Dutch PSA Uses Augmented Reality Billboard to Immerse Viewers in Violent Conflict

While assaults on public servants are not rare in many countries, they are frequent enough in the Netherlands that the government dropped some coin on a provocative new public education campaign geared at shaming bystanders who fail to get involved when witnessing such an attack. Growing concern at this civic shortcoming prompted officials to place interactive billboards at busy intersections in Amsterdam and Rotterdam that literally pull their viewers onto the sidelines of a violent confrontation between thugs and emergency medical responders.

They manage to bring this scene to thousands and thousands a day through a pretty nifty trick. While augmented reality is nothing new, the Dutch approach is pretty innovative. They start with a blue screen (like the green screens of cinematic fame) set up in a film studio. They shoot a scene in the foreground in which some guys get into a shoving match with EMT workers that quickly degenerates into some cranial soccer and head stompage. The instigators proceed to rip the contents out of the ambulance parked nearby while continuing their rampage on the now lifeless public servants. It’s a graphic scene for sure.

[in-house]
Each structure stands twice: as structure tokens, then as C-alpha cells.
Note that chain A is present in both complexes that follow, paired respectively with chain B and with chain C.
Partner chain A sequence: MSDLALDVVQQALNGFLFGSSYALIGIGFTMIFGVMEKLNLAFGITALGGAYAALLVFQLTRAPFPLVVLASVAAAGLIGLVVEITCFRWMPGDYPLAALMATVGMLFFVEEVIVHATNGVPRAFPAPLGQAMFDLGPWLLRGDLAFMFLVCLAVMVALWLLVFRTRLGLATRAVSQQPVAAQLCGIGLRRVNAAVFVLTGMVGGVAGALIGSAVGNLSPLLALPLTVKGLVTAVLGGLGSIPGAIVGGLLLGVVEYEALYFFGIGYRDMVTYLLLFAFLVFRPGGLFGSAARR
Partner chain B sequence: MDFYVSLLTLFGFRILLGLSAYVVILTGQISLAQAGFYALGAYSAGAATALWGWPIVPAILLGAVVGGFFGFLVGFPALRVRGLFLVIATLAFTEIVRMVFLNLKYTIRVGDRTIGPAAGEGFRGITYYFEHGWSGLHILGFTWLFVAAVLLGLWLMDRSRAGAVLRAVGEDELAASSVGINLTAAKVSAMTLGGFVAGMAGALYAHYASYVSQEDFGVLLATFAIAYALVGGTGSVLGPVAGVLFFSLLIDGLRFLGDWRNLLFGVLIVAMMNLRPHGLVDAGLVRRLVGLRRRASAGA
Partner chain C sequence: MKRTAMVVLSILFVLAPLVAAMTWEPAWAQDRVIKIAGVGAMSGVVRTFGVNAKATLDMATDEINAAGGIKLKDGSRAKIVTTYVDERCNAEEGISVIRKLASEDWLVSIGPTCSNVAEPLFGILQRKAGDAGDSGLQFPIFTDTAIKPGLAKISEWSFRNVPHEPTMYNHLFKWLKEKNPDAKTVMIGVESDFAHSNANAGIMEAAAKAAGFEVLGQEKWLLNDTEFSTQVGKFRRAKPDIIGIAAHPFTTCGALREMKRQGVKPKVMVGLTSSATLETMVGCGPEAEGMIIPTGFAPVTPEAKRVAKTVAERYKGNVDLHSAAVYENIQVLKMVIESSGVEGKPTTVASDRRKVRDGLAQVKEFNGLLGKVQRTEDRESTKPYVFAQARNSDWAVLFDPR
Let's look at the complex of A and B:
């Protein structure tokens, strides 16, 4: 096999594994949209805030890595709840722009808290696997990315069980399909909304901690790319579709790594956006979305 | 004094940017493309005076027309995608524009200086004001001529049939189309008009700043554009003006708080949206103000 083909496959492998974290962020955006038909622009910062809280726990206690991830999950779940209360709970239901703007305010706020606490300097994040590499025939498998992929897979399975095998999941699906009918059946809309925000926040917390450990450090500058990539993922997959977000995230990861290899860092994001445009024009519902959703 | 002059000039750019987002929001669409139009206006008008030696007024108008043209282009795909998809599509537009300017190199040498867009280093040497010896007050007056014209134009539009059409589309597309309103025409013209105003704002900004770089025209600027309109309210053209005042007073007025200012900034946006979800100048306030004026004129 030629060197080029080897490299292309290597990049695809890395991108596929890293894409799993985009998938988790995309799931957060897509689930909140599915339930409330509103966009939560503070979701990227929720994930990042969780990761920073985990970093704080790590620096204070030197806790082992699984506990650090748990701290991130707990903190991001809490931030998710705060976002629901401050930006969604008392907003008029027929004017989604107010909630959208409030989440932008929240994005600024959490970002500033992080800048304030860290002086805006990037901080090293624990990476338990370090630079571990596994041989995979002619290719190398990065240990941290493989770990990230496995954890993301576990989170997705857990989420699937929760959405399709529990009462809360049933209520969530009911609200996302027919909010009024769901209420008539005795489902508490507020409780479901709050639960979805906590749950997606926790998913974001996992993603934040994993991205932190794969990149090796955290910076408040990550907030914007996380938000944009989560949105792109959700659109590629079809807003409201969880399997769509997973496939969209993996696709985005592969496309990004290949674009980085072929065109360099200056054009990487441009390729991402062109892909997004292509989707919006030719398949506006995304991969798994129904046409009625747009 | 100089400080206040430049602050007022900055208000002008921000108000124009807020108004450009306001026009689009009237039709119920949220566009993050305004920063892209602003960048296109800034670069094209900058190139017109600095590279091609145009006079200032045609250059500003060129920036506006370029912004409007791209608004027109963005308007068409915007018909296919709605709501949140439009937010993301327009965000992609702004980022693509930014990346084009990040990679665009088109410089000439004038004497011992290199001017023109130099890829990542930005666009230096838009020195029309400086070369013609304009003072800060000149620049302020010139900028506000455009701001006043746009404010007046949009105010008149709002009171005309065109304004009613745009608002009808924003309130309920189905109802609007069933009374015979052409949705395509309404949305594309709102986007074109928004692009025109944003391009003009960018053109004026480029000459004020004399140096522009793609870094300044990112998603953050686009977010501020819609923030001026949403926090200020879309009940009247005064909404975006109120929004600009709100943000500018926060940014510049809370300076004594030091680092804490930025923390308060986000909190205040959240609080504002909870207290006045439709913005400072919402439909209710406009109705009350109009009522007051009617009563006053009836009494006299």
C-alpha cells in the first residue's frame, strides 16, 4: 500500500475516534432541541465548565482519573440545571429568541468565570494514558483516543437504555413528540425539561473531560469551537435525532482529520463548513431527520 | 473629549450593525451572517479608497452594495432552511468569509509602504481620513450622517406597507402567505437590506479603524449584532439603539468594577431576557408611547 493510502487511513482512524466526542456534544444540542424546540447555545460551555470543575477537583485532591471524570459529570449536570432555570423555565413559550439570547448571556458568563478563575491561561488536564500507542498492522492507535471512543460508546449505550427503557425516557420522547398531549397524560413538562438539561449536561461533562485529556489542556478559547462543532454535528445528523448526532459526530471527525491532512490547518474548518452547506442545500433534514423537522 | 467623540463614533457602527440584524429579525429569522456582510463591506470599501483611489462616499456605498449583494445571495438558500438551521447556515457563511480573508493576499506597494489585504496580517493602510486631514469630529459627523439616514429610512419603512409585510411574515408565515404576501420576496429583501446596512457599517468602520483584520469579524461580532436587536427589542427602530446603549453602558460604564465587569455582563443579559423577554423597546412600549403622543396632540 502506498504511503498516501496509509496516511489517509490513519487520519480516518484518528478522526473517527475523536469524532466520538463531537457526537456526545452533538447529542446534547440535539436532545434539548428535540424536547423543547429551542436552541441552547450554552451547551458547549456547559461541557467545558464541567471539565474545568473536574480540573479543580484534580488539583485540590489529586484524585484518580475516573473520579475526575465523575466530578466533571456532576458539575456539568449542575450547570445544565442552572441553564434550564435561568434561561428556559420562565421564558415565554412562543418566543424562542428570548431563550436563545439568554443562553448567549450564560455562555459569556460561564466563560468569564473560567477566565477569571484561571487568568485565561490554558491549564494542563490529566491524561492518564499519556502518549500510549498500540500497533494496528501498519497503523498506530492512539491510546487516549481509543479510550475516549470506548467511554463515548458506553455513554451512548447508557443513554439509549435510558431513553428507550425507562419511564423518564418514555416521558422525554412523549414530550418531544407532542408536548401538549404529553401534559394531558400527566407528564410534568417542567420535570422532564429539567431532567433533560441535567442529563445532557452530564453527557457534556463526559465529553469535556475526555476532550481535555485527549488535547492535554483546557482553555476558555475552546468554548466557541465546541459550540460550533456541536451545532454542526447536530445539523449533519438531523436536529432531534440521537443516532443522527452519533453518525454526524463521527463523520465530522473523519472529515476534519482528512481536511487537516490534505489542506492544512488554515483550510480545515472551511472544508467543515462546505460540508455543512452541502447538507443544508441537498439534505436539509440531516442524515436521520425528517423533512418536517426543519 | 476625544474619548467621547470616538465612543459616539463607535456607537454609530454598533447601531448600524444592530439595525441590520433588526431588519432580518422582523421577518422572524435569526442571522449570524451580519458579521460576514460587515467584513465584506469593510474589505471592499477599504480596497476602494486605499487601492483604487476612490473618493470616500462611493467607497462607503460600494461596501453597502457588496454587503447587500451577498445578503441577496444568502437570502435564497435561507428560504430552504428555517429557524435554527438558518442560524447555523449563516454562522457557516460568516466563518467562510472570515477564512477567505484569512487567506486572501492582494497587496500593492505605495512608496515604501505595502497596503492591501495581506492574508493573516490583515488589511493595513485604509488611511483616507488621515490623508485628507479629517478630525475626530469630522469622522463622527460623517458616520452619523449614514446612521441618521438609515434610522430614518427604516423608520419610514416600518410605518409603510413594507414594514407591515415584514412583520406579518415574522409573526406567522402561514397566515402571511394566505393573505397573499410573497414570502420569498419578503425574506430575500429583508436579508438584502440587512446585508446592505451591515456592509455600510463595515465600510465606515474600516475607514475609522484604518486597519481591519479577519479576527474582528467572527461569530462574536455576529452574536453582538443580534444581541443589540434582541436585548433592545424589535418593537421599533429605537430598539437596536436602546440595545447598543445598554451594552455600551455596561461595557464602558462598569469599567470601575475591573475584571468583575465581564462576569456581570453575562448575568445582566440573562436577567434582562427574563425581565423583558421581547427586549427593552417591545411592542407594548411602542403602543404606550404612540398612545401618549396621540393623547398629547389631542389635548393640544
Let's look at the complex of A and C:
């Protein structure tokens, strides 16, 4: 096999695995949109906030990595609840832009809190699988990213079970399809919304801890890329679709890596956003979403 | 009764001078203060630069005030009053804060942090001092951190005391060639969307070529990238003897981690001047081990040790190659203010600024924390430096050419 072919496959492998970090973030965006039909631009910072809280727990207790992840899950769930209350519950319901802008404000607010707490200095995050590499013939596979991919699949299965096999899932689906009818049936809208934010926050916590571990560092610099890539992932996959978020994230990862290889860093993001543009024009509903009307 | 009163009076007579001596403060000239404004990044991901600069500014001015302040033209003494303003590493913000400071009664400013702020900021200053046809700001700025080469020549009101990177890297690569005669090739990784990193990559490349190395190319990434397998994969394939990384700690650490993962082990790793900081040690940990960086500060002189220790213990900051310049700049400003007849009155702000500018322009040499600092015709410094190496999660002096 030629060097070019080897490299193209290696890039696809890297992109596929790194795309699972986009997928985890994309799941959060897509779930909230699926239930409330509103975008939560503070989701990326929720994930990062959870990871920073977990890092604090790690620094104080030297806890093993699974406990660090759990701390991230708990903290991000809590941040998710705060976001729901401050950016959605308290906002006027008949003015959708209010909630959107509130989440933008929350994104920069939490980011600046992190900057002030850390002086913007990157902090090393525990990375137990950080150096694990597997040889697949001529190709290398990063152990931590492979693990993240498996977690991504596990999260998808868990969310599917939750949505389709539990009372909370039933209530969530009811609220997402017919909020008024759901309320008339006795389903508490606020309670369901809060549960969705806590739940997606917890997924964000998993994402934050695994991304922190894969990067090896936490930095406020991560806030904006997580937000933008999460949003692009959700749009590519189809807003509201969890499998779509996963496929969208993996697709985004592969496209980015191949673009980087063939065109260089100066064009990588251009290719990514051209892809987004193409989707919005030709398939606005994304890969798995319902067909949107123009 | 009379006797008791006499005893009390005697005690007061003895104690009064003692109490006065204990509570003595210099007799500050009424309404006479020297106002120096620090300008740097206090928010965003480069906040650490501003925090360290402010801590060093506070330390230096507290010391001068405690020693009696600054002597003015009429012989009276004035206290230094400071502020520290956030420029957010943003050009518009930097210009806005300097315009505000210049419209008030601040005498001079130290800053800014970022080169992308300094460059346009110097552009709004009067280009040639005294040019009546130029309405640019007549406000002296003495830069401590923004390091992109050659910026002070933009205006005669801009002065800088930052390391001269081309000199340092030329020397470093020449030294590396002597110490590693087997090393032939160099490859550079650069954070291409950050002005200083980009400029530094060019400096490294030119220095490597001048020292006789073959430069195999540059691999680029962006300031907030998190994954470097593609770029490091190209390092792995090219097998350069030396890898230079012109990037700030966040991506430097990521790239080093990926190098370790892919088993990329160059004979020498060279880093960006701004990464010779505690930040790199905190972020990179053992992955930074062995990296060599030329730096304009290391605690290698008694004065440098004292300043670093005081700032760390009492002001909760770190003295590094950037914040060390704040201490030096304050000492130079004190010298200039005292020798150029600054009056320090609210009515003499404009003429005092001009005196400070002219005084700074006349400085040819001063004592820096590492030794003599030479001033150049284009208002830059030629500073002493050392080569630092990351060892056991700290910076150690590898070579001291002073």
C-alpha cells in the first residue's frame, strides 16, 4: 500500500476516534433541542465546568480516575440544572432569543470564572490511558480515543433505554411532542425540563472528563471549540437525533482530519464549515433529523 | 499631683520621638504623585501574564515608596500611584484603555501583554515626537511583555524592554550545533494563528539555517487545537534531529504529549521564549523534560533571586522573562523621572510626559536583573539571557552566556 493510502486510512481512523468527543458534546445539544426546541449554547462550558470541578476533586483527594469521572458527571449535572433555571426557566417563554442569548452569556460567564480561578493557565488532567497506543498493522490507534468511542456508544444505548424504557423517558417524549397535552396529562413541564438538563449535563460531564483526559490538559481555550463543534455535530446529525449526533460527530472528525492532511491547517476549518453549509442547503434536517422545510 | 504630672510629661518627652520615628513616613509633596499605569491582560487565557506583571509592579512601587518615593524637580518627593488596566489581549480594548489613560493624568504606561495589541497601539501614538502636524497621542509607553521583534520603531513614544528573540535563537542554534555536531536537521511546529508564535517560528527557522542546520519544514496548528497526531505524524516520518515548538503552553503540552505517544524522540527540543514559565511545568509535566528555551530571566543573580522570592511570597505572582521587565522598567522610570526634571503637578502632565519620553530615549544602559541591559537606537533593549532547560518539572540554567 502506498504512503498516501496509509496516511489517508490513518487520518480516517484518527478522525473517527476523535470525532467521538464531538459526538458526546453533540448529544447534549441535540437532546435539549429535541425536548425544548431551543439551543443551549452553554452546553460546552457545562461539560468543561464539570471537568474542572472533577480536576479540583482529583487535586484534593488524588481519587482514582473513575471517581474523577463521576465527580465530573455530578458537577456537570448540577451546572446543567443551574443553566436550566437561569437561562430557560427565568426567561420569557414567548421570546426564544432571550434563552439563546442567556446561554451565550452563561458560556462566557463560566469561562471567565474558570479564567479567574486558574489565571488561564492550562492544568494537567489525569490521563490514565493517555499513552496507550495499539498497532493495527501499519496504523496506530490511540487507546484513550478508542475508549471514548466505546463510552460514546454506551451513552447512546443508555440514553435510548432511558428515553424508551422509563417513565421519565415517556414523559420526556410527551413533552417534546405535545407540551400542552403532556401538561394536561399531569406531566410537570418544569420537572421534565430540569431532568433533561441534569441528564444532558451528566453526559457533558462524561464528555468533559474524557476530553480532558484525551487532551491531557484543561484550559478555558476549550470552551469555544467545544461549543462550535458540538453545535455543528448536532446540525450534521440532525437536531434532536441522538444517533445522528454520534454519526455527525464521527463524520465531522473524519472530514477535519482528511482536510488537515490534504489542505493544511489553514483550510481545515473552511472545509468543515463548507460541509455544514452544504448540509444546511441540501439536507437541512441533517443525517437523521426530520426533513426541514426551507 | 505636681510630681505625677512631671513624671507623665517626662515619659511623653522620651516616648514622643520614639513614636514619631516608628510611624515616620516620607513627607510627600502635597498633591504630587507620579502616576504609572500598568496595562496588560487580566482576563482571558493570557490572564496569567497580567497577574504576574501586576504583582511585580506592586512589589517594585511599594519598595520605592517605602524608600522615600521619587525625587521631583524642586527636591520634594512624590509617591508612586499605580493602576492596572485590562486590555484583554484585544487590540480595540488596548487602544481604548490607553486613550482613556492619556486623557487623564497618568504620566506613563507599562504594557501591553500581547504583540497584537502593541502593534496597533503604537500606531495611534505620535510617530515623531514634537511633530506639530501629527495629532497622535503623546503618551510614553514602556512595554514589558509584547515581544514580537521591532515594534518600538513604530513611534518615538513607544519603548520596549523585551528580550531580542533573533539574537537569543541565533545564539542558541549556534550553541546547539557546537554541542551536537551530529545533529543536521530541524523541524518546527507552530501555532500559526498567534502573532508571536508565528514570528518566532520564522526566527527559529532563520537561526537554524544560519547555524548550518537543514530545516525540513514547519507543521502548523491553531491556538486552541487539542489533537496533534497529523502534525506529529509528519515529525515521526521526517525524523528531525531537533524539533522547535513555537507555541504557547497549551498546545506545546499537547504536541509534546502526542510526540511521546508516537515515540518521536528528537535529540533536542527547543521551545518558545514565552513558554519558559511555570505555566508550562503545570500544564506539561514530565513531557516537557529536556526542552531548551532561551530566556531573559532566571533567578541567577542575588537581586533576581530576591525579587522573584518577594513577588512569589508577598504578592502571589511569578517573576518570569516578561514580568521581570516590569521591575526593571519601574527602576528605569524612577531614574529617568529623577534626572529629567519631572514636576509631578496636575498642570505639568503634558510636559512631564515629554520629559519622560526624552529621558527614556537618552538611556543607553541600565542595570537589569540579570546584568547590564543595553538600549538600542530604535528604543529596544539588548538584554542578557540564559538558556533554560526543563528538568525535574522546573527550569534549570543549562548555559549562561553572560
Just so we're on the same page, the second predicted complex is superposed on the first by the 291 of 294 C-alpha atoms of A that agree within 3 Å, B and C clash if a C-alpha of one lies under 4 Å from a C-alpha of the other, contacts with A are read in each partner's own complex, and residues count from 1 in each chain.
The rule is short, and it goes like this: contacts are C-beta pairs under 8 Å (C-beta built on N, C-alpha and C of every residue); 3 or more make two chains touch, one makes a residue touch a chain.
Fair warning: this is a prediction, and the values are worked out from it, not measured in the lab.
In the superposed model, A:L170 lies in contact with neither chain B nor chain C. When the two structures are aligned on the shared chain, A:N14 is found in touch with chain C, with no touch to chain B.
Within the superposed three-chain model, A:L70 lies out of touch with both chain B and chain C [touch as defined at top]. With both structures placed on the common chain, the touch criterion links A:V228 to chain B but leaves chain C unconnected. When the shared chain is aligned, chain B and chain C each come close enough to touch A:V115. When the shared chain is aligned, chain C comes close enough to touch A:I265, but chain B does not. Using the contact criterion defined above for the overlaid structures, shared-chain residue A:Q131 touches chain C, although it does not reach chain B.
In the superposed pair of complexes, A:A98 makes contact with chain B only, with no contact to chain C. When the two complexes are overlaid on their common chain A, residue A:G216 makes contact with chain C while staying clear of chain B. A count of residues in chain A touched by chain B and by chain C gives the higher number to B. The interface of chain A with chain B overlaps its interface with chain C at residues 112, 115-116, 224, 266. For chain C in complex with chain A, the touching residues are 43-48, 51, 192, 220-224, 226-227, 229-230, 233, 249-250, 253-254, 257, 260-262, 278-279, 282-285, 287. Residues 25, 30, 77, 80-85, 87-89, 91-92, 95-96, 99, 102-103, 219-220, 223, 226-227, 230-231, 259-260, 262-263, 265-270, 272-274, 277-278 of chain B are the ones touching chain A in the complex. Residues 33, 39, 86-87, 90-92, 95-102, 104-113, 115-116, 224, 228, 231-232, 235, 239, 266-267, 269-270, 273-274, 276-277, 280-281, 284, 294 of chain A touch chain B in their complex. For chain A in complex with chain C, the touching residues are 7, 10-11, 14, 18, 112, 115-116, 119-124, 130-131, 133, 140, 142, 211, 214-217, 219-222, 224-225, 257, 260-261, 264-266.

Back on the streets of the Netherlands, the violent footage is overlaid on a video feed that is recording people across the street from the billboard. Those people who stop to watch the attack will notice themselves in the image, passively watching from across the street as the awful event unfolds.

It is a chilling and surreal way of delivering a difficult message. The PSA obviously stops short of asking people to physically confront the attackers. It requests that bystanders follow four steps: ask others for help and speak out together, call 112 (which I guess is more like 911 than 411 or 1-900), stay with the victim, and take photos to file with a police report. While the campaign is billed as informing citizens on how they should respond to similar situations, it is far more effective as a mechanism of shame. The discomfort induced by being forced into the event coupled with the inability to react because of its digital nature is an acutely unnerving, but effective, combination.


~ by Wil Finley on April 29, 2010.

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